Composite applications also save money, according to Sandra Rogers and Rob Hailstone, analysts at research firm IDC. They have found that developing composite applications is roughly 30 to 40 percent less expensive than more-traditional approaches to software development and implementation. In theory, training costs are almost nil, because the dashboard icons should reveal familiar or intuitive interfaces. Other benefits include quick adaptations to changing business rules, less manual processing, and better leverage of existing systems and resources.
Where It Stands
The computer industry is scratching its collective head trying to decide if composite applications is the best possible name. Other candidates include smart application solutions, suggested by software vendor Seec Inc.; business-process fusion, which analyst firm Gartner suggests; and service-oriented architecture, from ZapThink.
Regardless of which label sticks, the approach has attracted a long list of vendors. Specialty vendors have emerged to offer the applications, including Seec, Commerce One, and Kenamea. But traditional software companies, including Oracle, SAP, IBM, Microsoft, and PeopleSoft, are also starting to offer composite-application tools, in some cases by acquiring smaller specialty vendors and offering their products under big-name labels.
What 2004 Will Bring
In theory, because composite applications use software components, they can be built by a trained business analyst rather than require the services of a full-fledged programmer. "Just as you don't need to know how a Web browser works to create a Web page," says Jason Bloomberg, senior analyst at ZapThink, "you won't need to know how one software actually interfaces with another to build a composite application."
But today most composite-application development is still complex enough that it must be done by professional systems integrators or IT staff. "The technology is there," says John Blair, chief technical officer at Kenamea, a San Franciscobased vendor of composite software. "Now it's a matter of moving it into the mainstream."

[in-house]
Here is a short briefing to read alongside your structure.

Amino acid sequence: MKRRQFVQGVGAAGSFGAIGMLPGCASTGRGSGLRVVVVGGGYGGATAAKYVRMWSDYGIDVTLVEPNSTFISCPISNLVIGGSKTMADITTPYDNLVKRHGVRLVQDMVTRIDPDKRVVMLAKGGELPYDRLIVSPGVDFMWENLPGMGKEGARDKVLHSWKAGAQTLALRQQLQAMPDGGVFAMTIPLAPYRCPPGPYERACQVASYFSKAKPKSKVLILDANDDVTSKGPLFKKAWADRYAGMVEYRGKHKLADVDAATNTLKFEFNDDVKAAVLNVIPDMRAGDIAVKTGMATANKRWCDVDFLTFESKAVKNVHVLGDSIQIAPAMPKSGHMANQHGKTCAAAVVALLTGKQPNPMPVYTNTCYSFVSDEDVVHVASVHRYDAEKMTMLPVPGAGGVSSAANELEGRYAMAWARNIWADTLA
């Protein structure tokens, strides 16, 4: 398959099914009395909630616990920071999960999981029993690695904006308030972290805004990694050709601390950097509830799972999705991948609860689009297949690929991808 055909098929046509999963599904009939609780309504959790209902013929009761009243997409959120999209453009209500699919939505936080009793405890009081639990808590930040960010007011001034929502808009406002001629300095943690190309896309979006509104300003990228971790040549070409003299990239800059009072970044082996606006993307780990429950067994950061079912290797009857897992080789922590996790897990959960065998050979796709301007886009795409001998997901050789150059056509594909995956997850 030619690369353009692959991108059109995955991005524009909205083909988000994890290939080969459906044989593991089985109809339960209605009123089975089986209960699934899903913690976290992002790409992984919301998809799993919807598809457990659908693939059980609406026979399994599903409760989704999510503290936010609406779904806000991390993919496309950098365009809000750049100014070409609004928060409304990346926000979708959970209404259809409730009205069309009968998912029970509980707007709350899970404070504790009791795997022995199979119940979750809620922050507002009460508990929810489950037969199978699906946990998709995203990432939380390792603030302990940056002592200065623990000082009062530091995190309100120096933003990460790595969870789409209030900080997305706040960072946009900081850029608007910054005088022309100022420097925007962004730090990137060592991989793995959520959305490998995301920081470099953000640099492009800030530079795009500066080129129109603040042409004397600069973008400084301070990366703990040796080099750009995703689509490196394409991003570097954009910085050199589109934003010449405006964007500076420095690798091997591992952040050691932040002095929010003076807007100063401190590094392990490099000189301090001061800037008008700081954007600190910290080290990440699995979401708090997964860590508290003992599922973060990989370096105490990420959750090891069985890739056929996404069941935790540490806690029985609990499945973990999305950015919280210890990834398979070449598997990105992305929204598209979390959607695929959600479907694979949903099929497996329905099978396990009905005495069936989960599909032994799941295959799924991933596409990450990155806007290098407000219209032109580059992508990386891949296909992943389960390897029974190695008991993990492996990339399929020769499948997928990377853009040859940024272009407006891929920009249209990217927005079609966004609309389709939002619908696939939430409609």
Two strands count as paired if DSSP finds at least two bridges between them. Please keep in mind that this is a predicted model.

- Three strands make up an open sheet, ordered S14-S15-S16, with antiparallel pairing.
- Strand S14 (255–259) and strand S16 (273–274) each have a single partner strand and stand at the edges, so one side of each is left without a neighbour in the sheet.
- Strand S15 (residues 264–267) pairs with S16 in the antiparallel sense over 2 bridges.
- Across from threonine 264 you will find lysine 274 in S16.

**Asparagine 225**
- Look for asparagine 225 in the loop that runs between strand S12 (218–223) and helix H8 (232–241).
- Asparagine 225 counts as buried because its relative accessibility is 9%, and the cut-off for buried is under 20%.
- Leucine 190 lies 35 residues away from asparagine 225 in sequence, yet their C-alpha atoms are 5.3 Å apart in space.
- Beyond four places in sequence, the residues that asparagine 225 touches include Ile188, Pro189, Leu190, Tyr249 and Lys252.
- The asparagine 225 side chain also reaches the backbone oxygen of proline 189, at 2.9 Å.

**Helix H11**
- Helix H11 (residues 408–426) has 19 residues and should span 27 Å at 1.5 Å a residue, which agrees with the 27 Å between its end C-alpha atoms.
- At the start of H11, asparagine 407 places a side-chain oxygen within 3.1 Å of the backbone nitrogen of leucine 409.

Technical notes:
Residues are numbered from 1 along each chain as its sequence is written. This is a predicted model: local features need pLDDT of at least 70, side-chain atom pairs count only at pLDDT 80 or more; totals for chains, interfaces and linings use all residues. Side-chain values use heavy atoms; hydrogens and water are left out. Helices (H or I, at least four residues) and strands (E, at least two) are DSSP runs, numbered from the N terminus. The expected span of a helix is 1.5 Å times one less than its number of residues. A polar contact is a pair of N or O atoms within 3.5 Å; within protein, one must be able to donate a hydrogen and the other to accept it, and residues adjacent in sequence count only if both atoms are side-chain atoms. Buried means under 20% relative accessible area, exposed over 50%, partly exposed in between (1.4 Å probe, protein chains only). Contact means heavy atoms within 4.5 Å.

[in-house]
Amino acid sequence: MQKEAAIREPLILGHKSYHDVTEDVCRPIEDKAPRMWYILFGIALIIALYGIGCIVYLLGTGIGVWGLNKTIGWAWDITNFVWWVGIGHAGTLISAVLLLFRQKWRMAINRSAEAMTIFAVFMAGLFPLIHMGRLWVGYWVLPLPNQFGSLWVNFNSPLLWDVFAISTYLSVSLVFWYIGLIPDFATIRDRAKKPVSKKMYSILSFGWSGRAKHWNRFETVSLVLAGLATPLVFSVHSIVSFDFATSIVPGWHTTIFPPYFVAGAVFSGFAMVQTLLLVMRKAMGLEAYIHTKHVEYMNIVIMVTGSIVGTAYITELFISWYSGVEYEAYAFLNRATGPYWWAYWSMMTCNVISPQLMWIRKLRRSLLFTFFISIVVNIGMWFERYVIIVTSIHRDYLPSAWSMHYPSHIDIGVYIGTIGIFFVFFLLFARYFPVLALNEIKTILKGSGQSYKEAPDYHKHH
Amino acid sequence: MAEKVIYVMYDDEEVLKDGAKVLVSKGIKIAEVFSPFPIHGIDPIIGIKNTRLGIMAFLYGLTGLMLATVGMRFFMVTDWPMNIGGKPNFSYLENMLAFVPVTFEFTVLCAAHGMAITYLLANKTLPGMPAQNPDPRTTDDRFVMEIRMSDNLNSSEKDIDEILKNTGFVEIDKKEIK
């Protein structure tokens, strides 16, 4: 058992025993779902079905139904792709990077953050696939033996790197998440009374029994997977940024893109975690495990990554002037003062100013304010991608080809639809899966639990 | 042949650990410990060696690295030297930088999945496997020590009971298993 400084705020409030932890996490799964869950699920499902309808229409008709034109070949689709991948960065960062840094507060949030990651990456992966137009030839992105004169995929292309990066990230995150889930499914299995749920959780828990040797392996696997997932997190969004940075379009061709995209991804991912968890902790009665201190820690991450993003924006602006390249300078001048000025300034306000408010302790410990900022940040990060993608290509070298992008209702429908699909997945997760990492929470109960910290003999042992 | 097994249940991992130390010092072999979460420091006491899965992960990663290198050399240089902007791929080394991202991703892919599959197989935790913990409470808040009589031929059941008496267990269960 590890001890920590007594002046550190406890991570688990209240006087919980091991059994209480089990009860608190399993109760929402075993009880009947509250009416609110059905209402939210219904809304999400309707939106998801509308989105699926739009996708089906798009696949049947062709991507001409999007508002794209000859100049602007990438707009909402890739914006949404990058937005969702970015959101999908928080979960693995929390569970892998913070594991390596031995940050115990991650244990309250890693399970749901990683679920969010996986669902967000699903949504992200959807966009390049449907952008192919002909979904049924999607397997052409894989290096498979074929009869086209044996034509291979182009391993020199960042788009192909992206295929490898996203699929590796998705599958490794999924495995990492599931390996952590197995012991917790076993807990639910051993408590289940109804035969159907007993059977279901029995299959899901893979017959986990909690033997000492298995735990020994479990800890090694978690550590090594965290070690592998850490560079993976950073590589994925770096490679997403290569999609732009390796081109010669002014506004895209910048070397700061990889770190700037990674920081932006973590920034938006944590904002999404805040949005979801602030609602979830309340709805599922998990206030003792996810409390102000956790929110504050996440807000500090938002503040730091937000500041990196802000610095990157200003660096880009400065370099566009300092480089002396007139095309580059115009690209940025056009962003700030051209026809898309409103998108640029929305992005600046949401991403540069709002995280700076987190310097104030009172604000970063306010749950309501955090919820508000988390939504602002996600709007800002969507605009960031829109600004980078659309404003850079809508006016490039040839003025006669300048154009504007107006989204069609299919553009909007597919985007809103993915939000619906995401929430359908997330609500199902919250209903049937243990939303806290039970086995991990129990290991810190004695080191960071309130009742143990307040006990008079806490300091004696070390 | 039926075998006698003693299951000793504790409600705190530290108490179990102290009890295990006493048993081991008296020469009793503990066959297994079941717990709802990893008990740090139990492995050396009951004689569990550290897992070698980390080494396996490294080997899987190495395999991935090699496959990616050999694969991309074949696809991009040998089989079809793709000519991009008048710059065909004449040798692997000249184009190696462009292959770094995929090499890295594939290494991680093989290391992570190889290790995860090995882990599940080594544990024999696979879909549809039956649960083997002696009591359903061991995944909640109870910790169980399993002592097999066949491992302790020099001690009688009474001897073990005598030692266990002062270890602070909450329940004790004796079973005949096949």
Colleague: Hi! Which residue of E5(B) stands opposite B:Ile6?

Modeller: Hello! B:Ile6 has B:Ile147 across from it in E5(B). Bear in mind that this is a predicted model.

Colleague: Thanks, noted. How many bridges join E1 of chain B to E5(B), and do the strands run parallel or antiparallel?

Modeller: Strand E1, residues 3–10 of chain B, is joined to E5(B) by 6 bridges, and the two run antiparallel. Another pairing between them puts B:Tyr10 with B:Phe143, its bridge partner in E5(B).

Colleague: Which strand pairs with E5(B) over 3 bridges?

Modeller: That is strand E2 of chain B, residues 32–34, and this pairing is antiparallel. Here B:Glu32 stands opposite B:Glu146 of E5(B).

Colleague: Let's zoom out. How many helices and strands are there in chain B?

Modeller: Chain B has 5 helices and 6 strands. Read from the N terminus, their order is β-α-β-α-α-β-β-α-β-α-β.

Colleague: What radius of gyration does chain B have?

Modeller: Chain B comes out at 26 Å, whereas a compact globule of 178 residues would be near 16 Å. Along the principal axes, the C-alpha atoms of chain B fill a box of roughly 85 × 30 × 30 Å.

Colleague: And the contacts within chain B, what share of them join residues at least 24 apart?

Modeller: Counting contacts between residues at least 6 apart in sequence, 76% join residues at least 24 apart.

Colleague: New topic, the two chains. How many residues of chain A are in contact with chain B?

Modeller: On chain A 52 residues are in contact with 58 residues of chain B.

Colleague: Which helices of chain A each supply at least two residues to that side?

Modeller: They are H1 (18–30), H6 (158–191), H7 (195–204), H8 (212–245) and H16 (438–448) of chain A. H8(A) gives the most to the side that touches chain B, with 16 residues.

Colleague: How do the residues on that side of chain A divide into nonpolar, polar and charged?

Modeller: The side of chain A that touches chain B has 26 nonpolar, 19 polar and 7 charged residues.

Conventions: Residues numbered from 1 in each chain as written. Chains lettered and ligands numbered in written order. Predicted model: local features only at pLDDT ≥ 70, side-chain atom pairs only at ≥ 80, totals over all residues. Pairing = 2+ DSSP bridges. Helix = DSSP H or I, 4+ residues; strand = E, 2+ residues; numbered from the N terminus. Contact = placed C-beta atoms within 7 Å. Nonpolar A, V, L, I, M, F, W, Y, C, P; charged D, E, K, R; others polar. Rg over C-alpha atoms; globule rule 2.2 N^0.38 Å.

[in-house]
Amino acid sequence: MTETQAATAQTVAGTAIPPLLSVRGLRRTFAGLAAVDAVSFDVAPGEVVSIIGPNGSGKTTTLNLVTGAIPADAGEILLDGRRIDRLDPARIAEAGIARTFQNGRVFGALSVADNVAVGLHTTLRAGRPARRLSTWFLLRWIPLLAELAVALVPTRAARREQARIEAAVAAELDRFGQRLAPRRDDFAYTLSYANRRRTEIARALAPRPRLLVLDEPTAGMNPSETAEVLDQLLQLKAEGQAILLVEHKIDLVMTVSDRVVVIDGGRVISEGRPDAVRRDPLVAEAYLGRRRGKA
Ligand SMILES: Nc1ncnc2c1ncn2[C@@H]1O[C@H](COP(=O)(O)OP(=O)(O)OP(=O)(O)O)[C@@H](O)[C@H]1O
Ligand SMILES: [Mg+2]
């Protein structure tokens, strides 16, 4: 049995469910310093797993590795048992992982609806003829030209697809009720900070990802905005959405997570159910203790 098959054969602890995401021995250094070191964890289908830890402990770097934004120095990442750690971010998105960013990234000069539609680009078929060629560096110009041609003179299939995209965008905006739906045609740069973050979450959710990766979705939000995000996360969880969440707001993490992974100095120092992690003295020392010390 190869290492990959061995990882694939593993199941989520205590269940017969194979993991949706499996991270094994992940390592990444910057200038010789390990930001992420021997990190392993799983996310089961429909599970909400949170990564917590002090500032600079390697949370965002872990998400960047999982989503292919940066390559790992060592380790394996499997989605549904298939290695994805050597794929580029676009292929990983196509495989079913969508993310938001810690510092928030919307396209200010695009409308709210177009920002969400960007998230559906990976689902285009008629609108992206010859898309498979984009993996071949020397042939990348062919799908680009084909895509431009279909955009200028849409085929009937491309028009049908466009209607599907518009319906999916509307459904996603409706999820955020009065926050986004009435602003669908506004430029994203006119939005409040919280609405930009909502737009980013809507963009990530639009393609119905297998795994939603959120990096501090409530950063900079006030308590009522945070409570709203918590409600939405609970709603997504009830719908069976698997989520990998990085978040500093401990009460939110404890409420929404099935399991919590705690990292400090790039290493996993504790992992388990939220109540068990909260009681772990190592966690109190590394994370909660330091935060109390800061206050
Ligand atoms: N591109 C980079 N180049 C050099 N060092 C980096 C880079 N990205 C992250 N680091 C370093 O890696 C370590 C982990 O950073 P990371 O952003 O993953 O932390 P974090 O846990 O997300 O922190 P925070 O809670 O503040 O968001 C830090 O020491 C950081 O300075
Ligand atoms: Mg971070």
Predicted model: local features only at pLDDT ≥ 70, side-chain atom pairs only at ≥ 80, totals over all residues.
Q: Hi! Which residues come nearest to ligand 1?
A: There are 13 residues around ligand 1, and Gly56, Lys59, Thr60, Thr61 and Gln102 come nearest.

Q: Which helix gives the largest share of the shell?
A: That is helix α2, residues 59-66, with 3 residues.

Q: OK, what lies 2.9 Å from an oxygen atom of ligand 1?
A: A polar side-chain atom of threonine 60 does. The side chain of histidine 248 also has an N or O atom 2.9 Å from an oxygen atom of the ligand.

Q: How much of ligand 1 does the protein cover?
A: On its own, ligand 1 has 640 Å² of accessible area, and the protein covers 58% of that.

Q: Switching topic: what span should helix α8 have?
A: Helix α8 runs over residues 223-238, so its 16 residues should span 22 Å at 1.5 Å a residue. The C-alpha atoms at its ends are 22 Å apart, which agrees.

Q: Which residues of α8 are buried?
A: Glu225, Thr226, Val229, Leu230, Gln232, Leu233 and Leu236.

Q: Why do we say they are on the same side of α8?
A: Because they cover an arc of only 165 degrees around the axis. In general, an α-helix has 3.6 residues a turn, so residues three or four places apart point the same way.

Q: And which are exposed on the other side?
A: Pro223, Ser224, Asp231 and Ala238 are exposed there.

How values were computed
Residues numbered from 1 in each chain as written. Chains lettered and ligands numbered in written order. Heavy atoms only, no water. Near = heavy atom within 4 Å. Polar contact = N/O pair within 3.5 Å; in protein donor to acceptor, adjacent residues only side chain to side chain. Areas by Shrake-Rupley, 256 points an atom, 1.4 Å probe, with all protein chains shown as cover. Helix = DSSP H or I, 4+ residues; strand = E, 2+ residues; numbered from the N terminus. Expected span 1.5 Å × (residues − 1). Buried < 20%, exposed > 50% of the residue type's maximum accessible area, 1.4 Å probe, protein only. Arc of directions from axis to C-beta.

To do so, software vendors are pushing on several fronts. Some are hoping for new standards that will ease the way. Others are creating rather than waiting. Seec, for example, has developed a process that lets business analysts define business rules and logic in an Excel spreadsheet. The process, already in use at Ohio Casualty Insurance, then automatically converts the Excel entry into an executable program.
"That's the dream, where we all want to get to," says Seec chairman and co-founder Ravi Koka. But fulfillment of that dream—for it to be widely used—is still years away, he adds. Accenture and other systems integrators can in all likelihood sleep easy, for now.
|Go Composite, Know Return?|
Pro forma cost comparison of discrete vs. composite approaches to software development. Source: IDC, August 2003
|Initial implementation costs||Discrete, multiple|
|Unified platform with composite applications|
|Software (initial license)|
|Estimated total implementation|
|Ongoing annual costs|
(Based on four quarterly updates)
|Discrete, multiple tools||Unified platform with composite applications|
|Estimated annual maintenance|